In these cases injury results from a poor design, even though there may be no defect in the manufacture of the individual product. A product can be unreasonably dangerous for various reasons. The design of the product could be unreasonably dangerous resulting in the entire line of products being defective. Generally, in order to prove a design defect case, the plaintiff is obligated to offer a reasonable alternative design that the manufacturer could have employed, which would have prevented the injury and which would not have substantially diminished the product’s effectiveness. If the jury finds that the plaintiff’s proposed alternative is reasonable and would have eliminated the product’s risk, the product is determined defective.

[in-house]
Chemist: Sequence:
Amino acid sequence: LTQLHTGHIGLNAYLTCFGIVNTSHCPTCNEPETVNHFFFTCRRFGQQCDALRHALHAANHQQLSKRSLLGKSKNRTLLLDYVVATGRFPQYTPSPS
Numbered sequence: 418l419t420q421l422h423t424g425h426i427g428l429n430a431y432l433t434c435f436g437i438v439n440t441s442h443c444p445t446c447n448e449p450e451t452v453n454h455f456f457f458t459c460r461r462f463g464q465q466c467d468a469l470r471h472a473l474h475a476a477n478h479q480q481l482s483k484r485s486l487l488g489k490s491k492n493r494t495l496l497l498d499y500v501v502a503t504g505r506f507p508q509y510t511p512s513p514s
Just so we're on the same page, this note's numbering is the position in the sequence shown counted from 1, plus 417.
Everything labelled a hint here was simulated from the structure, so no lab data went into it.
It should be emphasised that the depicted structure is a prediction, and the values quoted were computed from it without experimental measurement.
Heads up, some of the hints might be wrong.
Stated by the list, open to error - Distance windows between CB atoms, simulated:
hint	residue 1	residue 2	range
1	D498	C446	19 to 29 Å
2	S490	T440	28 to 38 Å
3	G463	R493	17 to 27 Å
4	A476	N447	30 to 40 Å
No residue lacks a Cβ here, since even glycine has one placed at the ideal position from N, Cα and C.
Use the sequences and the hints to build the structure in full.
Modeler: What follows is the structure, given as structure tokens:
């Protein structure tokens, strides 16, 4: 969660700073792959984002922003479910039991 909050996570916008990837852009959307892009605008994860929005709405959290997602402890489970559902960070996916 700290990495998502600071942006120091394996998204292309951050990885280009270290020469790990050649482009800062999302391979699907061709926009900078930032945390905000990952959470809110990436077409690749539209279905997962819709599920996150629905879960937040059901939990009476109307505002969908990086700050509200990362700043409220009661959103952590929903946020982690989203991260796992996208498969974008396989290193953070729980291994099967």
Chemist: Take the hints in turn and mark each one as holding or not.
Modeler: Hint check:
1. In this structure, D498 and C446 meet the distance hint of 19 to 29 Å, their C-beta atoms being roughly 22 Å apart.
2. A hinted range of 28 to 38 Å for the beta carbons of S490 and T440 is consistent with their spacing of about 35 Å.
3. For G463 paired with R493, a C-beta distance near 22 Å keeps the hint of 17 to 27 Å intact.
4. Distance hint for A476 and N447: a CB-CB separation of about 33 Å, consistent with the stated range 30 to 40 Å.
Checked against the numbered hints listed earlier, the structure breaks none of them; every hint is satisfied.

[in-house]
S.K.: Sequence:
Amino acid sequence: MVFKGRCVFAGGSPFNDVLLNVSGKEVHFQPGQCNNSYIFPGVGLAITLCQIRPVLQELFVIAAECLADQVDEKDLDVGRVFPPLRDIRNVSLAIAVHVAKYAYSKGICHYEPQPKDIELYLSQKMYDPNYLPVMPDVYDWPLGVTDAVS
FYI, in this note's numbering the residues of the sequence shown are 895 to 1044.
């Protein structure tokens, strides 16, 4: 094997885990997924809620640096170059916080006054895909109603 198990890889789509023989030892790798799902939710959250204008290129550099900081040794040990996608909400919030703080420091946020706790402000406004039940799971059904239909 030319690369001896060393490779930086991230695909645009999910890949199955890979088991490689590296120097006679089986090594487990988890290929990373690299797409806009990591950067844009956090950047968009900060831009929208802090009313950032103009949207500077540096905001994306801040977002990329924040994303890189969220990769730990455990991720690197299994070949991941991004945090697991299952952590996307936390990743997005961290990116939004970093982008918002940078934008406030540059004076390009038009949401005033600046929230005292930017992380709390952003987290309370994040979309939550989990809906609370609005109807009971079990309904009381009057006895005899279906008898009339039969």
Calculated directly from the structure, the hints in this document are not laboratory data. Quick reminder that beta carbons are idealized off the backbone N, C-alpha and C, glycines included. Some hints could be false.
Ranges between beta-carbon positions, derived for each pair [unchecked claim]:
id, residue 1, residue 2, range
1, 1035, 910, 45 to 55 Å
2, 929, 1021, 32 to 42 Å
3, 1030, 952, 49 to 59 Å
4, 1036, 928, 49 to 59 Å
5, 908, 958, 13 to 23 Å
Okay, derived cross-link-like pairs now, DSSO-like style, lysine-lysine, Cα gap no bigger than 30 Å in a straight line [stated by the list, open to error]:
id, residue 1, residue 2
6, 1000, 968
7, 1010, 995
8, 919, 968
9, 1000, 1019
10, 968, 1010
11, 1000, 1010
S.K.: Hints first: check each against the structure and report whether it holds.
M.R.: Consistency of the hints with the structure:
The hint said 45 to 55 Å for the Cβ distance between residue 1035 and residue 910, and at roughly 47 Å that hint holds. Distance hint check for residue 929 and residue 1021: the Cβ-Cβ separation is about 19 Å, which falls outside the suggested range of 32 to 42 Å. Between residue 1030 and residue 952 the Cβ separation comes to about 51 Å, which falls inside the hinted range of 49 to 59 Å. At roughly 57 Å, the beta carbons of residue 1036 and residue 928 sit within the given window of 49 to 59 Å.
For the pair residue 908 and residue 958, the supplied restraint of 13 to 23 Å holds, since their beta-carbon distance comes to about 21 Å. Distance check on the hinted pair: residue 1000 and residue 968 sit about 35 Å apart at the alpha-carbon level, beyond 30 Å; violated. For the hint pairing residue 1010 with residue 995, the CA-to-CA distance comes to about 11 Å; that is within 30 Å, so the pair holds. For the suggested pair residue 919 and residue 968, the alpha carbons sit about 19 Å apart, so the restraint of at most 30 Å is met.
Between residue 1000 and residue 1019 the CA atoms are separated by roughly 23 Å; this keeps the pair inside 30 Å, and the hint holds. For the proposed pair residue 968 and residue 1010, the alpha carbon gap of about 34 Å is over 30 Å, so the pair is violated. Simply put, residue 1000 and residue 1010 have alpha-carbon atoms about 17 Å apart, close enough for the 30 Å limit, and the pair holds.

The manufacturer in a design defect case cannot escape liability by relying on industry standard as a defense or alleging that because the other manufacturers used the same design, the product was not defective. Theoretically, the entire industry could be producing products with design defects. However, the industry standard defense is not the same as the state of the art defense, which may be a valid defense if the defendant can show that at the time the product was built, no safer, alternative design existed. The state of the art defense protects a manufacturer from liability for a product, which was reasonably safe years earlier but by current standards might be deemed defective.